In many jurisdictions around the world, graffiti and unsanctioned postering have been identified as a costly urban social problem. While many solutions have been proposed, most of them treat graffiti as vandalism and postering as a form of unsightliness or litter. Both graffiti and postering are assumed to signify urban decay and increased incidence of crime, and municipalities are often willing to devote considerable resources to control these related phenomena.

Besides the costs, these attempts to control unsanctioned imagery in the public sphere usually have legal implications related to municipal jurisdiction and freedom of expression guarantees. Some argue that unsanctioned images have artistic merit and provide insight into social and political issues worth noting. This research addresses itself to the intersection of legal, cultural, and social issues related to graffiti and postering, especially in Canadian municipalities, and makes recommendations towards managing what is seen as a widespread and costly problem.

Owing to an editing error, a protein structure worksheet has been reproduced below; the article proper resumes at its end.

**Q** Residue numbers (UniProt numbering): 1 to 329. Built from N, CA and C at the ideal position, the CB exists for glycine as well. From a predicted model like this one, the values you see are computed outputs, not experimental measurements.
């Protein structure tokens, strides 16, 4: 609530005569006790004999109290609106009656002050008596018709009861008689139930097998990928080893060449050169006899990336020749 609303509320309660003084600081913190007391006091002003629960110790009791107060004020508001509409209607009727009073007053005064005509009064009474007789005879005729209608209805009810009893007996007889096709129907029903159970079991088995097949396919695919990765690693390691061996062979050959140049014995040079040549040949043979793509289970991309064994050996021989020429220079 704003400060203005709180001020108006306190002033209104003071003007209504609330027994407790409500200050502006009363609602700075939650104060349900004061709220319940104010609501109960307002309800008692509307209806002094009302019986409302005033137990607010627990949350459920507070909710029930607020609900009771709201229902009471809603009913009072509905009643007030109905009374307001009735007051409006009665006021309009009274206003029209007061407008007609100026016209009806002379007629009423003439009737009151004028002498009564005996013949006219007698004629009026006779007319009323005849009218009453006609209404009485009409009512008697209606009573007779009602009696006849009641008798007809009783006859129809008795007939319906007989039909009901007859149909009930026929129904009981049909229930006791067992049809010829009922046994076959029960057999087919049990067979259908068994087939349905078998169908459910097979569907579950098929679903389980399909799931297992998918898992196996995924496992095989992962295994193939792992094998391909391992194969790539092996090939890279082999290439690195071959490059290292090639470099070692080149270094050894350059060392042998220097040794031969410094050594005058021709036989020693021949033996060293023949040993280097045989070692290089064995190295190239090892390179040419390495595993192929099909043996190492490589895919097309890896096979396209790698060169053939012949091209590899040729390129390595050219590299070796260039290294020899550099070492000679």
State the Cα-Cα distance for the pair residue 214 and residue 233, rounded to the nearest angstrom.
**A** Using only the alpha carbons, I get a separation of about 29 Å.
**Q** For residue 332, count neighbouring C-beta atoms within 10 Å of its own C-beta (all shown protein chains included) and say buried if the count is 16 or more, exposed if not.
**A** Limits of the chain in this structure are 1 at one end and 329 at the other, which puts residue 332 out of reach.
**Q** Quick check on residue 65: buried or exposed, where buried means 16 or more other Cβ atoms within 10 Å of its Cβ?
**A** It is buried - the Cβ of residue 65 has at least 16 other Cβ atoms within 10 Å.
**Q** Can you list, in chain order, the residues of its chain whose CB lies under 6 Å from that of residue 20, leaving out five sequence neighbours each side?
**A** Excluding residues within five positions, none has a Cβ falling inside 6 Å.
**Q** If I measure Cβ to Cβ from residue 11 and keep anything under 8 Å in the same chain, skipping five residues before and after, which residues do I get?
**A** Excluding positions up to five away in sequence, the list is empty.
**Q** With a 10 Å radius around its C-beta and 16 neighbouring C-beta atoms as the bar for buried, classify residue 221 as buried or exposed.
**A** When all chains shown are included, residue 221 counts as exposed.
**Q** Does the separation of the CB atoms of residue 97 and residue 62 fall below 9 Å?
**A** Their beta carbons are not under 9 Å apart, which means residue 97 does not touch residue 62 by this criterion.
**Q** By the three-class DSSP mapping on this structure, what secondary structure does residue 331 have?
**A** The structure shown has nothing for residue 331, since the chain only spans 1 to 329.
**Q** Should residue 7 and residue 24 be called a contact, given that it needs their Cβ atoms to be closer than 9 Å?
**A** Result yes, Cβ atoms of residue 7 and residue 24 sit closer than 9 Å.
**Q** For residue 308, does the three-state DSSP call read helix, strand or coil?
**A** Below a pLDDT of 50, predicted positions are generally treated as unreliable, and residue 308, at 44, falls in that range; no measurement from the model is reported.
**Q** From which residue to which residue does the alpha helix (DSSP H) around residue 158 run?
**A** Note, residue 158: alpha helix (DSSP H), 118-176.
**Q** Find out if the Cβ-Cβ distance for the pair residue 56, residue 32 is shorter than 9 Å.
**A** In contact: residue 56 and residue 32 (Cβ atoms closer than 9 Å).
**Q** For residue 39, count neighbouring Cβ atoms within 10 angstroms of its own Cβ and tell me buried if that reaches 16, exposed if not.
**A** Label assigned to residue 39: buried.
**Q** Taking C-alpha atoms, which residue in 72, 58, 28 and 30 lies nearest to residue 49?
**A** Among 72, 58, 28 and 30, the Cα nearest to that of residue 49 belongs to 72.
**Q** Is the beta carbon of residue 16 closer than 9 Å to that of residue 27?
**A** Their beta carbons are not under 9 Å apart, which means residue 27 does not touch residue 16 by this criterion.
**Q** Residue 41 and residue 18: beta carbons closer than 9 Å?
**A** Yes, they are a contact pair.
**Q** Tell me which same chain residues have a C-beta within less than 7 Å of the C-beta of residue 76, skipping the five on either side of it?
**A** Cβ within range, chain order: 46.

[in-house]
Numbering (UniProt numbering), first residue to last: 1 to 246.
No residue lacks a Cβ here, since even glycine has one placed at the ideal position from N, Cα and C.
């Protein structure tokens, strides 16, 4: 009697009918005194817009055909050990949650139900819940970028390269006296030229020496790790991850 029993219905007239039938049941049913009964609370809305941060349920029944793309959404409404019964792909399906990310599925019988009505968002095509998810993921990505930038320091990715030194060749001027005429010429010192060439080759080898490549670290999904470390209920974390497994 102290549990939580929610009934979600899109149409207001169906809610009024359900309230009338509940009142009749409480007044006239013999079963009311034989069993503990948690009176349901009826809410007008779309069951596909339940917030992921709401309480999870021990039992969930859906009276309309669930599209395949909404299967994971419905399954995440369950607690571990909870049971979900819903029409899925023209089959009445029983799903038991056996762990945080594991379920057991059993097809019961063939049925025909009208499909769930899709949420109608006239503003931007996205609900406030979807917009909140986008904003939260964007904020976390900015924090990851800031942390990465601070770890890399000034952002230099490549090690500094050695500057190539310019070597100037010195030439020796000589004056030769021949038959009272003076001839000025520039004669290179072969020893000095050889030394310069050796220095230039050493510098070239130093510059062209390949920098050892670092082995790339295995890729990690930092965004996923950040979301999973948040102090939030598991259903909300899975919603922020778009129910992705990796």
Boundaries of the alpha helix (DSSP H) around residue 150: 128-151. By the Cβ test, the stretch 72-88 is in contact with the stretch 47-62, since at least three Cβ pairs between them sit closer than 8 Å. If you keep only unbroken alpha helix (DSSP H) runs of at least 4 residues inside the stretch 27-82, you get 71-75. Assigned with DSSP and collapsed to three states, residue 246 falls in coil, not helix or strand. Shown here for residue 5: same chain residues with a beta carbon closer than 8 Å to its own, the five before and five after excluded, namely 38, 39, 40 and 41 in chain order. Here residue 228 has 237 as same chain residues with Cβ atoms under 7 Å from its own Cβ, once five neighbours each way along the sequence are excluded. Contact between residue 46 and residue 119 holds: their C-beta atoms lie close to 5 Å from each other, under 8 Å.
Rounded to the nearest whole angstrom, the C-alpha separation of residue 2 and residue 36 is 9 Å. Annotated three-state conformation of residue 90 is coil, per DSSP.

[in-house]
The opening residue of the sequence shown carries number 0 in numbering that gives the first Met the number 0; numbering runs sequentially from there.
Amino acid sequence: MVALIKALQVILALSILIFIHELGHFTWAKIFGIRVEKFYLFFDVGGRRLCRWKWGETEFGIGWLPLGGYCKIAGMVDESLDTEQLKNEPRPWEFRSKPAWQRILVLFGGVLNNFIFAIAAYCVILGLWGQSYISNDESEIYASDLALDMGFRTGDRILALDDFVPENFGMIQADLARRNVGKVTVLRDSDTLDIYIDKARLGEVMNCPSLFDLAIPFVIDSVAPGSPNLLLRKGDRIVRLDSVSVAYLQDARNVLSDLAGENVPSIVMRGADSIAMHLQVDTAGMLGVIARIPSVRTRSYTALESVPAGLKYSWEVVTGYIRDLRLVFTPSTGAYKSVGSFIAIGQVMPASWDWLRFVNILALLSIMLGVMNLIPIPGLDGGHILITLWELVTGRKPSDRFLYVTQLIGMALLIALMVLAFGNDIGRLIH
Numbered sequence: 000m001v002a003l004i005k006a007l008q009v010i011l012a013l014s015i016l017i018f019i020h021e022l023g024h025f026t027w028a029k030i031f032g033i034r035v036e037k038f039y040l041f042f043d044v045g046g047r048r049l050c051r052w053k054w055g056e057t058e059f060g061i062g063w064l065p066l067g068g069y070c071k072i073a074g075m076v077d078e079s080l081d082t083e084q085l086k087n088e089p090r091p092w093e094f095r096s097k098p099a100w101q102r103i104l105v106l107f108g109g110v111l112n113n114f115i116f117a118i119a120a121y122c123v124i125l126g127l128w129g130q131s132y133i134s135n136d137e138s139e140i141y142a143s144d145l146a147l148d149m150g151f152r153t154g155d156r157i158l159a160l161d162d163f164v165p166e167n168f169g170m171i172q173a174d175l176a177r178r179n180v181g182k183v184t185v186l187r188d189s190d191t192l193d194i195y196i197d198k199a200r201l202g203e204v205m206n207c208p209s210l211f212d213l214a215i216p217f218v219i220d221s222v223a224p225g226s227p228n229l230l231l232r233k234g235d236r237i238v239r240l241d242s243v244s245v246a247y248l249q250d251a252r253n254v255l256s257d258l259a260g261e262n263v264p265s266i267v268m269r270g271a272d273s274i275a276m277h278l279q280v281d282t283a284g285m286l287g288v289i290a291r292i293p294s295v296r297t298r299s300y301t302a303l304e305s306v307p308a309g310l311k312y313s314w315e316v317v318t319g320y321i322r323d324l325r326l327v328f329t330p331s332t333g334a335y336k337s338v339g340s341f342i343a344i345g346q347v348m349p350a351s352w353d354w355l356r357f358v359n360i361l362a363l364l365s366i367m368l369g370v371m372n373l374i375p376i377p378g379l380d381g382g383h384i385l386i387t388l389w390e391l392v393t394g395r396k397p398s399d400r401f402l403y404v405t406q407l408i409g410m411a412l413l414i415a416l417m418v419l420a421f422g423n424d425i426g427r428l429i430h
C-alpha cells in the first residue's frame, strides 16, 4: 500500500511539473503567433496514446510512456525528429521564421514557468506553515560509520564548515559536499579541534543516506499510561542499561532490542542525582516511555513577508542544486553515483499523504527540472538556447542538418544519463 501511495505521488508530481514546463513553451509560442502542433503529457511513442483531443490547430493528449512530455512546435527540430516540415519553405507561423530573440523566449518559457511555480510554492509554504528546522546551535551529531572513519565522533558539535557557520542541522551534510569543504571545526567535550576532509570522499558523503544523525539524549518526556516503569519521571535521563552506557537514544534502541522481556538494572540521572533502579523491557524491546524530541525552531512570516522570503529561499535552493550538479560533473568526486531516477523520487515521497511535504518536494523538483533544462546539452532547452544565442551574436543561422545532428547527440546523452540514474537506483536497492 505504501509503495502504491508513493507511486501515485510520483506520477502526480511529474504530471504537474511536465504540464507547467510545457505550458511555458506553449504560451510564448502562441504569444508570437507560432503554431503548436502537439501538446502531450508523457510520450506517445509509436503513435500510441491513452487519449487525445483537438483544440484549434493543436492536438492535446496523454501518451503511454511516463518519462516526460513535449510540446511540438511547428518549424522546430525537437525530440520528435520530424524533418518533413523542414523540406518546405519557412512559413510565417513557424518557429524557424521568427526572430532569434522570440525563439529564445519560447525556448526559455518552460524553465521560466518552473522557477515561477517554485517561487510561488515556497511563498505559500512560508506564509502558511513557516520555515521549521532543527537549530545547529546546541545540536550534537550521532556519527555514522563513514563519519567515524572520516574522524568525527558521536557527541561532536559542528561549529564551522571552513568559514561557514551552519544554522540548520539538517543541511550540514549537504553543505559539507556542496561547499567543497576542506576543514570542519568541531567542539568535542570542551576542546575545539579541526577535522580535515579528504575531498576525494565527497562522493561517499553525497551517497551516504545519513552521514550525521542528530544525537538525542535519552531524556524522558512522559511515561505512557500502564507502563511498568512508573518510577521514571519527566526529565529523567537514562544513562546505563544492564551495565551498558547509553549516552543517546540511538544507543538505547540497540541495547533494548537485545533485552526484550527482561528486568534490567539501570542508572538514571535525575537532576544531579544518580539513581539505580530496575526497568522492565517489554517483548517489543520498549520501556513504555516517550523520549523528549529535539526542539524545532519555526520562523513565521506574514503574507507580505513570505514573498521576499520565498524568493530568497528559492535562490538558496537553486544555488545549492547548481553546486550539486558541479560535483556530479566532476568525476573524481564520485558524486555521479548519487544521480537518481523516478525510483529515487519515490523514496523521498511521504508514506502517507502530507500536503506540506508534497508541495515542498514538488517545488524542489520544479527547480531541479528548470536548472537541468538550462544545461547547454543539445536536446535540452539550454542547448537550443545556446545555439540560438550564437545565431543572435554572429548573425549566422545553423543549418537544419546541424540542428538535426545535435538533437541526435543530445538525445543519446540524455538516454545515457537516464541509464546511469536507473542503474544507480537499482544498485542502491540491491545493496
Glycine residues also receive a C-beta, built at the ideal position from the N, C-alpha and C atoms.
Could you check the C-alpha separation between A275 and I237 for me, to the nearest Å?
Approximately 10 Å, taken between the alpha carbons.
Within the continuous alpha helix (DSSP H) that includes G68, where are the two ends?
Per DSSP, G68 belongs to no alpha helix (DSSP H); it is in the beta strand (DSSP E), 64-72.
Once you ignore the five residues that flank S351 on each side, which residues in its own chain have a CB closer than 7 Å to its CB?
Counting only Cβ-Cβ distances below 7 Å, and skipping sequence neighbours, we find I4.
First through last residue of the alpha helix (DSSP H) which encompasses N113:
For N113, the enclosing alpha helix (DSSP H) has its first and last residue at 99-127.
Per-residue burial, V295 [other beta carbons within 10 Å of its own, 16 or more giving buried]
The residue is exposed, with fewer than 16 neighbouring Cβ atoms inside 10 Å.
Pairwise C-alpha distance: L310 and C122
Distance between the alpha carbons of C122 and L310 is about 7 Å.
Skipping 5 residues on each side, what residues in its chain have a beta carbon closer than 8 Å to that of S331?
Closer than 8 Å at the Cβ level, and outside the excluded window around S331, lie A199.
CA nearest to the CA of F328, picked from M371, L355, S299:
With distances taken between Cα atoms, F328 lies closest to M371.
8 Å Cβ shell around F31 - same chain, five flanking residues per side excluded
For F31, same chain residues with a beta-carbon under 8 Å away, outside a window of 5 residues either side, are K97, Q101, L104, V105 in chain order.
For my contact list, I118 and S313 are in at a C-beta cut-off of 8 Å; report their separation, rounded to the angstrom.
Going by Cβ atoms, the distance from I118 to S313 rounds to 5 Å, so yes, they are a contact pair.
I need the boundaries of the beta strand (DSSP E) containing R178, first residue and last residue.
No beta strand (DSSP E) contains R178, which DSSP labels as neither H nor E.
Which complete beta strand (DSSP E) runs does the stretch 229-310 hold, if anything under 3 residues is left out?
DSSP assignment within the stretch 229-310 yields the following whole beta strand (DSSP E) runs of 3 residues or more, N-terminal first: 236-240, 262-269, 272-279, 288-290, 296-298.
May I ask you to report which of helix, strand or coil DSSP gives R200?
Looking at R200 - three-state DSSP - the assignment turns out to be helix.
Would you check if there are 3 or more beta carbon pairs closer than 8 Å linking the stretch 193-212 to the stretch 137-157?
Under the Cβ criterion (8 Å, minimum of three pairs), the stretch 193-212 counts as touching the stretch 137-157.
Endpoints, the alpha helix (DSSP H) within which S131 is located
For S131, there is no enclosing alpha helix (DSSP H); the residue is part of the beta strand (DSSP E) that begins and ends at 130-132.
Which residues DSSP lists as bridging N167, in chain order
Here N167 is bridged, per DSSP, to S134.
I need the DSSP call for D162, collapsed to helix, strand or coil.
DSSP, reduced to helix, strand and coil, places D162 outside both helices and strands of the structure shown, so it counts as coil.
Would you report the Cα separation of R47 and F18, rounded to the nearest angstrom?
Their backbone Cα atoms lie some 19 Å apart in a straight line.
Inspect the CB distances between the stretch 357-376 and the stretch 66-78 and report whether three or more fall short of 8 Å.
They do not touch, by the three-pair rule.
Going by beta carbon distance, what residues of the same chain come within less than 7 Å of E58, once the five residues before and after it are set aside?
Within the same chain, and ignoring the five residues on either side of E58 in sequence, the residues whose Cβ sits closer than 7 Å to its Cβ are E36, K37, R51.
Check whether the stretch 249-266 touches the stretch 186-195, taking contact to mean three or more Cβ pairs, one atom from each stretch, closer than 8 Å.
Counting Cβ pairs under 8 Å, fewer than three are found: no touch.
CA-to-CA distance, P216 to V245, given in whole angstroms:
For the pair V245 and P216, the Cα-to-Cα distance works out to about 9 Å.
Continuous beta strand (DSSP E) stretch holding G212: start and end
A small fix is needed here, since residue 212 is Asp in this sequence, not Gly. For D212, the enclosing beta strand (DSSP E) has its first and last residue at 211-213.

Copyright 2005© Marshall Soules and Tricia Irish, Vancouver Island University